NOTE: I wasn’t sure that I would be able to post this week. Last Sunday’s quake was quite a shaker! Special thanks to all of you who reached out to see how we were doing. All my scotch survived and just a few glasses to drink it. All is good. I thought I would lighten it up this week.
“I’m pretty sure they’re all dead.” My Dad said when I asked him about our relatives in The Netherlands.
In 2011, I published a blog based on a paper I wrote in 2010 while finishing my undergraduate degree at Sonoma State University. This paper was the second to last I would have to write to complete my 31 year college career.
The paper was about illegal immigration. My views previous to talking to my Cousin Karel Reyenga were fairly straight forward: If you were here in this country illegally you need to go home.
My Dad said that the first of us to arrive in the United States came here illegally. Johannes Reijenga (He changed the spelling to Reyenga when he stayed in the States. Easier to pronounce). Johannes was Karel’s father so I went to the source.
The result of my publishing that blog was astonishing. They are all, in fact, not all dead.
On March 30, 2011, I received an email from some guy named Stef van Hage. “I have read your very interesting blog about the immigration of Johannes Reyenga. Johannes Reyenga was the brother of my grandmother.” Stef goes on to say that he knew my great Grandfather Ludwig Arnold Schneiders.
My first reaction was this could not be possible, they are all supposed to be dead, but Stef included a photo (see following) in his email. The photo was taken in America, most likely in Crockett, California, and included my great grandparents, my grandparents, uncles, aunts and cousins. After an email exchange Stef explained that our Great Grandmothers were sisters.
This was the beginning of a wonderful Internet friendship and sharing of family stories and information. Stef had been building a family tree for some time and came across my blog because he was doing some name searches on the internet. On that occasion, he was searching “Reyenga.”
Before Stef contacted me my wife Patti and I were planning a trip to Amsterdam and surrounding areas. Stef invited us to stay with the family. This trip became much more than fun in Amsterdam, it was the beginning of a new family.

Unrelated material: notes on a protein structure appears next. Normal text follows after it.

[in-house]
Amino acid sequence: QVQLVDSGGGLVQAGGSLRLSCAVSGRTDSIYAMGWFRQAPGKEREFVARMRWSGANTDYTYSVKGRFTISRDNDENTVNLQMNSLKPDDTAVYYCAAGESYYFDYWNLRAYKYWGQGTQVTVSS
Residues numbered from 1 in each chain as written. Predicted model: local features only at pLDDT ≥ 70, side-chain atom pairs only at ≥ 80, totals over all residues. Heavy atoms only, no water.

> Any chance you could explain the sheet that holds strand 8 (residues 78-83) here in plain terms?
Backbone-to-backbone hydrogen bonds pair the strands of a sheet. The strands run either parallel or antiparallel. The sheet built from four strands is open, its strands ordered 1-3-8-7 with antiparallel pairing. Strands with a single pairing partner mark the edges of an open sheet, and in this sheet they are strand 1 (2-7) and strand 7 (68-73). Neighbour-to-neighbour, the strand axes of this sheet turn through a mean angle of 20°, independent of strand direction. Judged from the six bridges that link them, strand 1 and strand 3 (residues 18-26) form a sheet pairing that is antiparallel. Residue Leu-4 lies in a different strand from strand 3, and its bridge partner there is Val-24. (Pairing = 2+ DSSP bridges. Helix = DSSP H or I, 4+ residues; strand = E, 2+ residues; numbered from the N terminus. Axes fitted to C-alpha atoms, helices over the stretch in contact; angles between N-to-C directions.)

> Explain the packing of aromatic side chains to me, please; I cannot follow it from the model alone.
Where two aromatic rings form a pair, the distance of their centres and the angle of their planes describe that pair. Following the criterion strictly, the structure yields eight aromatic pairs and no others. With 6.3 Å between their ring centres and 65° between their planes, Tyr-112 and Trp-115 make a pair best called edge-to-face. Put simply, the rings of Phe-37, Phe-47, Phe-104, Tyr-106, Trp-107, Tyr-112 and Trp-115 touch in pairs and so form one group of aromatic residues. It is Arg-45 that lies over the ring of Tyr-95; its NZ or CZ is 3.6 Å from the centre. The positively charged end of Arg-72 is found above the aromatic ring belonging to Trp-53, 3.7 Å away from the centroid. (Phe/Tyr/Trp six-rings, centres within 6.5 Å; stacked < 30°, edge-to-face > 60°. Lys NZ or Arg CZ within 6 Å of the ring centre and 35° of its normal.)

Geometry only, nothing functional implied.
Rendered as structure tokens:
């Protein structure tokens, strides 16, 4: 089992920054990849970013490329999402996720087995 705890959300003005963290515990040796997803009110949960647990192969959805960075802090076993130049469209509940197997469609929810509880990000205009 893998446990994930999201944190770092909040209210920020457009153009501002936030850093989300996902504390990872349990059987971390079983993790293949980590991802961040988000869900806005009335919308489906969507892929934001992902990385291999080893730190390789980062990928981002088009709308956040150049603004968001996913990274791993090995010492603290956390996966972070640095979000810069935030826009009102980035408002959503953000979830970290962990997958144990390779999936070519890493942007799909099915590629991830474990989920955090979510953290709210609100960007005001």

Stef’s interest in the family tree came together several years ago while tracing the tale of Jetze Reyenga, He was Johnannes Reyenga’s father. Jetze was a notorious character. Rumor was that he had killed his three wives and had many girlfriends. Life was hell for young Johannes. That is why he joined the Dutch Navy at such a young age and eventually jumped ship in San Francisco.
The Schneiders in America all live relatively close to each other. This new discovery of several cousins of my generation and their children was beyond what words can describe. This discovery has been life altering. All of a sudden the bits and pieces of scattered family stories, all of which would have been lost when my generation passed, came to life. The pieces were beginning to fit.
World War II stories began to come to light. The Netherlands under Nazi rule was hell. Family stories of Grandmothers being arrested by the Nazi’s, and the family being connected to “Fat Man” the atomic bomb dropped on Nagasaki in 1945. My study of World War II suddenly became personal.
Since then another cousin has made contact from New Zealand and told me of a bone chilling connection of the family to the Nazi death camp at Auschwitz.
There was always this empty place in my soul and ever nagging questions: What are my roots? What is our history? The hole has been filled and the questions are beginning to be answered. Just think, this all came about because of a simple rambling about illegal immigration and a well-timed search for “Reyenga” that originated half way around the world.
I wonder if Johannes Reijenga knew when he jumped ship in San Francisco that he would be the key to bringing family to America and be the guy that reconnected family a century later.
Special thanks to Stef van Hage, my third cousin!
2 responses to ““I’m Pretty Sure They’re all Dead.””
Indeed, it was the beginning of a great friendship. And it was a very special moment when I handed over Opa Ludwig Schneiders’ photo album I kept in my possession for so many years, to his great grandson.
The gift of this album was the one of the most touching moments of my life!